Last Friday, Ruth Bader Ginsburg died at the age of 87. Ginsburg, affectionately known as RBG, was a trailblazing jurist who spent her career fighting for equal justice for women and other marginalized communities.
She occupied the roles of U.S. Supreme Court justice, gender equality pioneer, and pop culture icon with decorum and humility, striving to use her position of power to benefit those less fortunate. She once said:
“I tell law students … if you are going to be a lawyer and just practice your profession, you have a skill — very much like a plumber. But if you want to be a true professional, you will do something outside yourself … something that makes life a little better for people less fortunate than you.”
Ginsburg was a model of civility and professionalism on and off the bench. She looked beyond her circumstances and ideological lines, using her talents and strategy of small purposeful steps to move the needle on gender equality for people across the nation. As Chief Justice John Roberts remarked at her memorial, “Her 483 majority, concurring, and descending opinions will steer the court for decades.”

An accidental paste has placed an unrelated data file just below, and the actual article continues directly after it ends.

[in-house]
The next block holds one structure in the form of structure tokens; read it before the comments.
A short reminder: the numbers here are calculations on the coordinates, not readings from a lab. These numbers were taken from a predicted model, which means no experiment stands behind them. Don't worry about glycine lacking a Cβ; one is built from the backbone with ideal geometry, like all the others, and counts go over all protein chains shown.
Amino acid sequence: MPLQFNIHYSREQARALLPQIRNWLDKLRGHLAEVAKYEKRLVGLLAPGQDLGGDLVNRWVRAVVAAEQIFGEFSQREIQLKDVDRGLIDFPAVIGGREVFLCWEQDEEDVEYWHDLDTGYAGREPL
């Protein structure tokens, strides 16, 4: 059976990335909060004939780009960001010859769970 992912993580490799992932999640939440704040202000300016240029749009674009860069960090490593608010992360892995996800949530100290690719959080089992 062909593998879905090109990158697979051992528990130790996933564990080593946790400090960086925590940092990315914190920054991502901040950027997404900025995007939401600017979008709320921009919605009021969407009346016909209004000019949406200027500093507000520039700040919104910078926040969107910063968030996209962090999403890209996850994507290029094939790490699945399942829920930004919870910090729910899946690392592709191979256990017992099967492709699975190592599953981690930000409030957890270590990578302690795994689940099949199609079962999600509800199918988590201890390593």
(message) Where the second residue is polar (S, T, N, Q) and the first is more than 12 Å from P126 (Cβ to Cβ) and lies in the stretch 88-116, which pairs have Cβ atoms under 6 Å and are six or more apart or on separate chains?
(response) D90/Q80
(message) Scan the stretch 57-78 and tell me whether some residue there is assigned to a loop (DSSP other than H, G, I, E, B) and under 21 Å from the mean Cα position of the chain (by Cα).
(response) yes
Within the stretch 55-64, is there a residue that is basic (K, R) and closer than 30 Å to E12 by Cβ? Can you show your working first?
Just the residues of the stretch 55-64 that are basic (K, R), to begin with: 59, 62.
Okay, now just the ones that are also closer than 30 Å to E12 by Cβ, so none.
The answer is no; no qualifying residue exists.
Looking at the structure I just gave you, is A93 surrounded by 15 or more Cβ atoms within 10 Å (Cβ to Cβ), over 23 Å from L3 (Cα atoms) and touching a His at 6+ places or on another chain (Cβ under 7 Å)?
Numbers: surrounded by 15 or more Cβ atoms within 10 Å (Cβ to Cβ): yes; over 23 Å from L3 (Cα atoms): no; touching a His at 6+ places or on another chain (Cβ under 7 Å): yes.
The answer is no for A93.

Though the lessons we’ve learned from Ginsburg are many, we share a few below that have particularly resonated with us in the last few days.
Collegiality over conflict
Ginsburg’s unlikely friendship with Justice Antonin Scalia has been well-documented. Though the two were on opposite sides of the political spectrum, the liberal Ginsburg and conservative Scalia formed a close friendship over common interests including their New York upbringing, the opera, and shared family dinners.
In 1996, when Ginsburg was writing the high court’s majority opinion in United States v. Virginia, which struck down Virginia Military Institute’s male-only admissions policy, Justice Scalia shared his unfinished dissent with her. “It was a zinger,” she said at Scalia’s 2016 memorial service, filled with “disdainful footnotes.” But she appreciated the extra time to adjust the court’s opinion. “My final draft was much improved, thanks to Justice Scalia’s searing criticism,” Ginsburg said.
Ginsburg and Scalia’s friendship looked beyond partisan lines to see the wholeness of humanity. An individual’s morals, values, and worth are not fully encompassed by their political views or interpretation of the law. Scalia once said, “I attack ideas. I don’t attack people. Some very good people have some very bad ideas.”